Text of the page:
Primary markets in the United States are witnessing a boom that is driven by Special Purpose Acquisition Companies (SPACs) that are also starting to reach Europe. How are SPACs different from traditional initial public offerings? Are SPACs a useful innovation or the latest financial tool for selling poorly performing securities to public market investors? Do disclosure or listing rules need to be reformed to take into account the SPAC phenomenon?
At the same time, dual-class share IPOs continue to increase in popularity, while also remaining controversial. The US markets continue to be a preferred venue for dual-class IPOs, also for foreign issuers. There are also SPACs that go public with a dual-class structure.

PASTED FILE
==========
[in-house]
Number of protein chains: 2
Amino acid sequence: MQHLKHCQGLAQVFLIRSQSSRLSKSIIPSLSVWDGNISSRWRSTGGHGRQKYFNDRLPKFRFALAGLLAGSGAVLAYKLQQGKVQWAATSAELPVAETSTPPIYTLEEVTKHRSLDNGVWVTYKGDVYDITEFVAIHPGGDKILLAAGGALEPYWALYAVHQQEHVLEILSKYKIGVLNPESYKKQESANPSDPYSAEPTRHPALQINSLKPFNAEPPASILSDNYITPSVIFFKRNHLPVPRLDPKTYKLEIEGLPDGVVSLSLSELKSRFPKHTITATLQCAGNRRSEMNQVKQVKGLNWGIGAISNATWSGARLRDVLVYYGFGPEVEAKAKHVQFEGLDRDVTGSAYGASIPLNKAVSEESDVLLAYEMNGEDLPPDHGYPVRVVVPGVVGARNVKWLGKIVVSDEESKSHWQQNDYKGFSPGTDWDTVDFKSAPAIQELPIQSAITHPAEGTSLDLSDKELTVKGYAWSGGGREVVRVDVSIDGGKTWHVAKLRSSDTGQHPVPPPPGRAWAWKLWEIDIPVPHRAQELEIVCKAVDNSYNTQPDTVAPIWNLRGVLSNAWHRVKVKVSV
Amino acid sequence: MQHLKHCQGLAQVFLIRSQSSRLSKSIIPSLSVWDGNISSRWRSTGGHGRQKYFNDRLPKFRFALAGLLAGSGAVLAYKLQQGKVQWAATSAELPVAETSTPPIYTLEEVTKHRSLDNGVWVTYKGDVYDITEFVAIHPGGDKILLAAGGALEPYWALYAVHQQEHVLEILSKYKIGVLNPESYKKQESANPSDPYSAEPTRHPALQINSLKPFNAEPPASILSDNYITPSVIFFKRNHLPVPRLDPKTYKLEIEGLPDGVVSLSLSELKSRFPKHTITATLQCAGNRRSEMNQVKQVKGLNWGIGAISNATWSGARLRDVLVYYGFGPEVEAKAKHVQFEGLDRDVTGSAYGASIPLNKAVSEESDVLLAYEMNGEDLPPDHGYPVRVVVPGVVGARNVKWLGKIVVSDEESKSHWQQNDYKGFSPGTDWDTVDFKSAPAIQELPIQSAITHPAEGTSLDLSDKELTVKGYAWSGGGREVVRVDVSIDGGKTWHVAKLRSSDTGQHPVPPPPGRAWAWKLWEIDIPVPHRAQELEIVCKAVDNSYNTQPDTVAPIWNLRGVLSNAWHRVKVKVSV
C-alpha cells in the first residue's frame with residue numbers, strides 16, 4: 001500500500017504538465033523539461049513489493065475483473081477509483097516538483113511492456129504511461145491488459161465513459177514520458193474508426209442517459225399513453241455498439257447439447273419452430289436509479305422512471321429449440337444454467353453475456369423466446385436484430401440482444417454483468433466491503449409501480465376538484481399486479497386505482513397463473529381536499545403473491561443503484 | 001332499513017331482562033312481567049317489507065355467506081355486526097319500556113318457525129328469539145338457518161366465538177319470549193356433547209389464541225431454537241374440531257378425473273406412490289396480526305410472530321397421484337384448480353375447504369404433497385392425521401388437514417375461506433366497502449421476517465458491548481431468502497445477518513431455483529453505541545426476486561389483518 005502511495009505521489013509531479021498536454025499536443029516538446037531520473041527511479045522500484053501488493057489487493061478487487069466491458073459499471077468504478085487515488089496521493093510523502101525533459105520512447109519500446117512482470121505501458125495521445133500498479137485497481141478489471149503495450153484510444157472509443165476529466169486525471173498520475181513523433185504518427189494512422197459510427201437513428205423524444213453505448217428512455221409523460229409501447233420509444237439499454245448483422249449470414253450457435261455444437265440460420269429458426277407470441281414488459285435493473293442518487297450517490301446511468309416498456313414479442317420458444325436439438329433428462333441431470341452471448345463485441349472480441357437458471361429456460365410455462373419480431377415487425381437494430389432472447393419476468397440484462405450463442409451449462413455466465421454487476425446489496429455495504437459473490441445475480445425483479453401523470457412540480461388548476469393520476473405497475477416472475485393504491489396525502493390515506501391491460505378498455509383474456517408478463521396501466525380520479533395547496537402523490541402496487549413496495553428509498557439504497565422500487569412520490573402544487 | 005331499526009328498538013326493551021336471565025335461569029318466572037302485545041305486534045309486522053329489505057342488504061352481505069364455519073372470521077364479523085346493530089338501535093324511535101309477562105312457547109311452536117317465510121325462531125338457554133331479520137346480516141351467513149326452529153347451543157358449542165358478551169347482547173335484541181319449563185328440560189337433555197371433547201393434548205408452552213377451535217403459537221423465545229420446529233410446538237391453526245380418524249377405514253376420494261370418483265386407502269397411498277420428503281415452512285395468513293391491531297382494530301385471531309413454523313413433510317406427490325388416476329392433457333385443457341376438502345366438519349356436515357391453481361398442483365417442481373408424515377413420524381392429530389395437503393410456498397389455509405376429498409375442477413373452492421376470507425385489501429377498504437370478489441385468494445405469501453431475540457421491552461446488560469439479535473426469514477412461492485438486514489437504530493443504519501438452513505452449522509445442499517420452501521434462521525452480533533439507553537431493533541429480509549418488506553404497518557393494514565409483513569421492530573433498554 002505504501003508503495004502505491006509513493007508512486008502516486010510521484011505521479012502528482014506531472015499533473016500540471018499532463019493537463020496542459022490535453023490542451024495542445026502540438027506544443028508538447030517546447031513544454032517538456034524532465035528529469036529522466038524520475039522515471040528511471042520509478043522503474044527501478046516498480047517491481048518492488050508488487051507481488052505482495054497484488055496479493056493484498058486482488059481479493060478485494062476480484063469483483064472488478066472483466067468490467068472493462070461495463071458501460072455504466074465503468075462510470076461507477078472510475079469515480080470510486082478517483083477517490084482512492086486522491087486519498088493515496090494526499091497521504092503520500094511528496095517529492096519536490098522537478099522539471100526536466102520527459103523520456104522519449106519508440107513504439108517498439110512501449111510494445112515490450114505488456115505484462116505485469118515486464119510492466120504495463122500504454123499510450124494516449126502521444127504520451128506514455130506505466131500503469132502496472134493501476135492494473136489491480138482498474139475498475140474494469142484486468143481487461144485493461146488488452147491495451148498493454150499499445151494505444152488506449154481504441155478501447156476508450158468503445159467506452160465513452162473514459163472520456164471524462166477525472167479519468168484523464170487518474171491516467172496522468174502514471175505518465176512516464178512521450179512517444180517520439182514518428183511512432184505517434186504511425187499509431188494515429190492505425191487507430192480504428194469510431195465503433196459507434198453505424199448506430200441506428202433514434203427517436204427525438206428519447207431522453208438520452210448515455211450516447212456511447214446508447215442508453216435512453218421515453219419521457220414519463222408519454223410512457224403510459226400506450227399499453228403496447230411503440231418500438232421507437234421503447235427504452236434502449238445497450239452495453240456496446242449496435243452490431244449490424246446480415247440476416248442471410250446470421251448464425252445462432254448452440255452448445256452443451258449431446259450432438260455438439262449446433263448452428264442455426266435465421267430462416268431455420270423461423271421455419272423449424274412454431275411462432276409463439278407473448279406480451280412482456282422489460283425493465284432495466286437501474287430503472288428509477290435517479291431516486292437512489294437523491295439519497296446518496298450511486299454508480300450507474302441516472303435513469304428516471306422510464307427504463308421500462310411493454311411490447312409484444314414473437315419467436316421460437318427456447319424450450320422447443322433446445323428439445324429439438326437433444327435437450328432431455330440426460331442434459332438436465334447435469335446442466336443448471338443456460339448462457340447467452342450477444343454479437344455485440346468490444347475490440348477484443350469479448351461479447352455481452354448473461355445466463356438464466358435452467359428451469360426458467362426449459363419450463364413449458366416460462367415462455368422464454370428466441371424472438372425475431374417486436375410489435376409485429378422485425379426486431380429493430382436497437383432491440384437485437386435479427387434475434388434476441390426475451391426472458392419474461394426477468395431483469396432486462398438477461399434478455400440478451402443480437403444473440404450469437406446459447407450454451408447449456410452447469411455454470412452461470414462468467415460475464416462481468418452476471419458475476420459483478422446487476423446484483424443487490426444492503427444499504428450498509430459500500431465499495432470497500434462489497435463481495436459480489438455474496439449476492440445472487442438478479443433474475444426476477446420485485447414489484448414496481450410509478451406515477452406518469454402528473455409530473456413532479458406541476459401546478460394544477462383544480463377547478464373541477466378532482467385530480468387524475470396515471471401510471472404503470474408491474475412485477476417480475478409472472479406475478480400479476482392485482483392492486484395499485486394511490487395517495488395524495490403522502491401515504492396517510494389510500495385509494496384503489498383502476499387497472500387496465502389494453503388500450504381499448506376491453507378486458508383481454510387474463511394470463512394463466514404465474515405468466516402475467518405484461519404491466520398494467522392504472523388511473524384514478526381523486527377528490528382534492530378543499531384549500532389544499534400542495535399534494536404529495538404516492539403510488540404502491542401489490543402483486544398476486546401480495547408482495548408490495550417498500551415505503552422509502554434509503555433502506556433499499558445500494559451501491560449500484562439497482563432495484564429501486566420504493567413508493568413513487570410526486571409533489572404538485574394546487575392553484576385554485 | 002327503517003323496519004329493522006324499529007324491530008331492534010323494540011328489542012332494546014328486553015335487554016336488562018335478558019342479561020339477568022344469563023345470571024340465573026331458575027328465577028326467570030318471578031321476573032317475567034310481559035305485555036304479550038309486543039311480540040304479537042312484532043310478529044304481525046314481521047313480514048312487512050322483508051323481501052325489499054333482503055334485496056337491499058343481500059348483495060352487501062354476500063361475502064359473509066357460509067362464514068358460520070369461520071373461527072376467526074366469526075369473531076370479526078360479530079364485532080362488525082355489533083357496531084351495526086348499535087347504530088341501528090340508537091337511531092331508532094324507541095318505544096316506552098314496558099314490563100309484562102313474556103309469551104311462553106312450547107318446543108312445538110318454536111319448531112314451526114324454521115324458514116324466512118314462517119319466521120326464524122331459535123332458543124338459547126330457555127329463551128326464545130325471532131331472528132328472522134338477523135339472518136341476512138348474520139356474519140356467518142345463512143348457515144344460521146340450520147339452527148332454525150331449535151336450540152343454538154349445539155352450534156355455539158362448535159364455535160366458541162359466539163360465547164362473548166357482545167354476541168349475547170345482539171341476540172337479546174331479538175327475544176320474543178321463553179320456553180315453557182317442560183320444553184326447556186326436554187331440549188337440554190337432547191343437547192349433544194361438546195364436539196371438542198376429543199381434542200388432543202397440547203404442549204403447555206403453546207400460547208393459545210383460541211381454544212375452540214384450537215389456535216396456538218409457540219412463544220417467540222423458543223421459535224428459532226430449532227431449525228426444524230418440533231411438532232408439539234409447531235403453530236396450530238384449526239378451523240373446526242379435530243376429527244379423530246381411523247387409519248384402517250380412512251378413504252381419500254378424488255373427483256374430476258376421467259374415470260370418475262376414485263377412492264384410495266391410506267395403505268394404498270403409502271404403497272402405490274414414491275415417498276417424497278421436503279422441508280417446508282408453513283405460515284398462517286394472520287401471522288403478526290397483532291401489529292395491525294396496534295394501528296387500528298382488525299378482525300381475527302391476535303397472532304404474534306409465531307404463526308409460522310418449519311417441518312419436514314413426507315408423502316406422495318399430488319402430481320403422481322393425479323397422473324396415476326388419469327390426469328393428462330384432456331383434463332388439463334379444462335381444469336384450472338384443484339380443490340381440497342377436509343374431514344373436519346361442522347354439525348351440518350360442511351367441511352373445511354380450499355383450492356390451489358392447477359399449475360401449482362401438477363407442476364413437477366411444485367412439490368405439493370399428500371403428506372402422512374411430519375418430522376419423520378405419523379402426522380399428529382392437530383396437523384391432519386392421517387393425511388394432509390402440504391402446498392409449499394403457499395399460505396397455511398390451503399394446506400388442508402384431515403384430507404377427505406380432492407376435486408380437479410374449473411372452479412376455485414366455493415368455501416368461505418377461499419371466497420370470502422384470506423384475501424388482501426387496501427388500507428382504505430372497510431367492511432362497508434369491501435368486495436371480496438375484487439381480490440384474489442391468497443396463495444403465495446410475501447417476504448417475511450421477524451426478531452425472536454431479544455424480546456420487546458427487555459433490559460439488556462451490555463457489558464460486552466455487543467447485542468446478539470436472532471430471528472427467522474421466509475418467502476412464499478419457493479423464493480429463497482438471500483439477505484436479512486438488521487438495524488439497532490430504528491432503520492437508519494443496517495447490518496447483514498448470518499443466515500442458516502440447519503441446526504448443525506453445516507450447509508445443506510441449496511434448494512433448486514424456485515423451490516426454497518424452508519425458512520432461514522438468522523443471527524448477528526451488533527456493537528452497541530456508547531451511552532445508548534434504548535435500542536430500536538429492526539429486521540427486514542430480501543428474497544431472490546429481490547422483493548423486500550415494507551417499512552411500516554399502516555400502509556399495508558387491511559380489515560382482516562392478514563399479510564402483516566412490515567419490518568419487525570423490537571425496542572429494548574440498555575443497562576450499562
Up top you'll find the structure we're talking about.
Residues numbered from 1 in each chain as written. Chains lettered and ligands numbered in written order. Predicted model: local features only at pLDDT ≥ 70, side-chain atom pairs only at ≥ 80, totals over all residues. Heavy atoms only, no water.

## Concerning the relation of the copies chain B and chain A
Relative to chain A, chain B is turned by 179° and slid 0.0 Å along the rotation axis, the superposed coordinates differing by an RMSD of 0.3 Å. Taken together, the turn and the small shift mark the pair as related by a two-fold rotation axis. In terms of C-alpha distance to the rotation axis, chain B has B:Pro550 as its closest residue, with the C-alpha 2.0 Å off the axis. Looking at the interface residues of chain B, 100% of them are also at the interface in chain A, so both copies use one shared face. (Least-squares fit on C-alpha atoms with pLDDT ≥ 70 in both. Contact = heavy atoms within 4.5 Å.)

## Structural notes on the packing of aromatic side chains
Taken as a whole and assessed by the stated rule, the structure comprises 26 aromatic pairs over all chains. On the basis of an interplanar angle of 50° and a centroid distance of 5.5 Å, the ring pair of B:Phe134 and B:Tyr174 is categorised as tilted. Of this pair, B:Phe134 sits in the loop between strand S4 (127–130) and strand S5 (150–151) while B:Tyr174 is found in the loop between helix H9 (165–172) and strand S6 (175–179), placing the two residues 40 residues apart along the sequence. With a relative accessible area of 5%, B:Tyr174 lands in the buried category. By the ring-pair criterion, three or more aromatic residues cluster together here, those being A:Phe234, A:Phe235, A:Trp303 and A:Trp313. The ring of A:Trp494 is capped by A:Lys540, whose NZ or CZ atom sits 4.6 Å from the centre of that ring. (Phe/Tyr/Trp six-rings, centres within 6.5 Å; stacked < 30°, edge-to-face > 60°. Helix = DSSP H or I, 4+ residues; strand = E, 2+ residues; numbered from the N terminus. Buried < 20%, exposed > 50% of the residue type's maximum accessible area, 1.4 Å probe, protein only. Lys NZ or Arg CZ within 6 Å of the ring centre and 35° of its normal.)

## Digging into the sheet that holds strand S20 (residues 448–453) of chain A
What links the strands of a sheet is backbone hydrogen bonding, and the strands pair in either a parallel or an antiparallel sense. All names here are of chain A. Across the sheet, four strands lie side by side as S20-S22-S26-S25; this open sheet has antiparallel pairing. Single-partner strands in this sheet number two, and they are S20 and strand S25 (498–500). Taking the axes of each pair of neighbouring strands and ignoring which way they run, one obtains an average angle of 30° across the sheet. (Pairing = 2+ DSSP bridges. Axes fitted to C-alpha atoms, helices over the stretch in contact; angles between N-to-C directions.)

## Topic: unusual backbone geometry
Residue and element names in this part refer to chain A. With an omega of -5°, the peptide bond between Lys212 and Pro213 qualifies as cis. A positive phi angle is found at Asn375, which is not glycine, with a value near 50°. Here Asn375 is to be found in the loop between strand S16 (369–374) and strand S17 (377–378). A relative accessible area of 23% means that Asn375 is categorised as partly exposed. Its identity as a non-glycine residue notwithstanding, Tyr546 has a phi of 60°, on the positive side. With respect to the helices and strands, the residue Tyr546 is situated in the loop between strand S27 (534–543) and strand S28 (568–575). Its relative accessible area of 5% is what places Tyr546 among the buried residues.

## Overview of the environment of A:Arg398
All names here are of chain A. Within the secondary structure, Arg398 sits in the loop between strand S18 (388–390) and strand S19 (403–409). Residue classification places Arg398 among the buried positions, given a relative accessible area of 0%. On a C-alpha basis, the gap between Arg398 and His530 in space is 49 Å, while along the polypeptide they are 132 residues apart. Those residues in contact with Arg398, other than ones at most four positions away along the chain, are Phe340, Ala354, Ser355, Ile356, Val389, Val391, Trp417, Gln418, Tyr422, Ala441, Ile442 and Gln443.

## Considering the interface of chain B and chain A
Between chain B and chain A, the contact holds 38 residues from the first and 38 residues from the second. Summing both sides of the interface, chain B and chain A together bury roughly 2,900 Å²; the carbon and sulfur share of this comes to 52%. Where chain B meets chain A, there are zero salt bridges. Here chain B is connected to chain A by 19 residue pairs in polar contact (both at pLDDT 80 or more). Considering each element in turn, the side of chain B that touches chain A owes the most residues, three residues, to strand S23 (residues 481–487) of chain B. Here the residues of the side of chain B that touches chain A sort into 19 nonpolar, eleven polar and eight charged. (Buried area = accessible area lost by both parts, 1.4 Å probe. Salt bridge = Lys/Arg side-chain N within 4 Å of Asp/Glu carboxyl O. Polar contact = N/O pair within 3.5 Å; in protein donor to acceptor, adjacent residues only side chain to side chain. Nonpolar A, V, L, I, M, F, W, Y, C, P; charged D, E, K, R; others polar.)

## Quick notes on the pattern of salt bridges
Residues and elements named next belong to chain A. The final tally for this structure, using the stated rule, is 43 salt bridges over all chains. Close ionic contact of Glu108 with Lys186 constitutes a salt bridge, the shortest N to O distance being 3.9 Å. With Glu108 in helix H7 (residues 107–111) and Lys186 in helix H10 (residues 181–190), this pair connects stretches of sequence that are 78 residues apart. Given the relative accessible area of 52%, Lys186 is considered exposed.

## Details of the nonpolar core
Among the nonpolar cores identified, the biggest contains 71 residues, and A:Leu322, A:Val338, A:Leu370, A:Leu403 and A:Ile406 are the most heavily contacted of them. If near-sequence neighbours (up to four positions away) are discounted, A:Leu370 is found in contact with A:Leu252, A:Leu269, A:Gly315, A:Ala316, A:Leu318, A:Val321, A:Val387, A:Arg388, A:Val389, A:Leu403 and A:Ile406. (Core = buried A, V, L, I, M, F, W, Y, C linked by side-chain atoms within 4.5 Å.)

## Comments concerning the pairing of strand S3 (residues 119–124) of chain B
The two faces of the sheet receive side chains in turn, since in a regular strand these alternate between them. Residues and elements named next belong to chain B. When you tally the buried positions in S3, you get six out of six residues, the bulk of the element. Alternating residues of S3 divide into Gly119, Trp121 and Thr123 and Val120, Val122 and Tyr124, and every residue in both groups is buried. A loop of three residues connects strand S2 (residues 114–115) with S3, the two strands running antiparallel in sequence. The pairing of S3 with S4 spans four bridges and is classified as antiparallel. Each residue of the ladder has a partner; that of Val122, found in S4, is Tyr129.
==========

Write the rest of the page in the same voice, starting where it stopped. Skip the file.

Responding to these developments, the United Kingdom is currently revising its listing rules to make the London markets more competitive globally. The EU has published a capital market union action plan that aims to make its primary markets more attractive, especially for small and medium-sized enterprises (SMEs). Several EU countries have also started to offer alternative control enhancing mechanisms (CEMs) like non-voting shares or tenure voting (“loyalty shares”).
Antonio Coletti, Partner, Milan
Chris Horton, Partner, London
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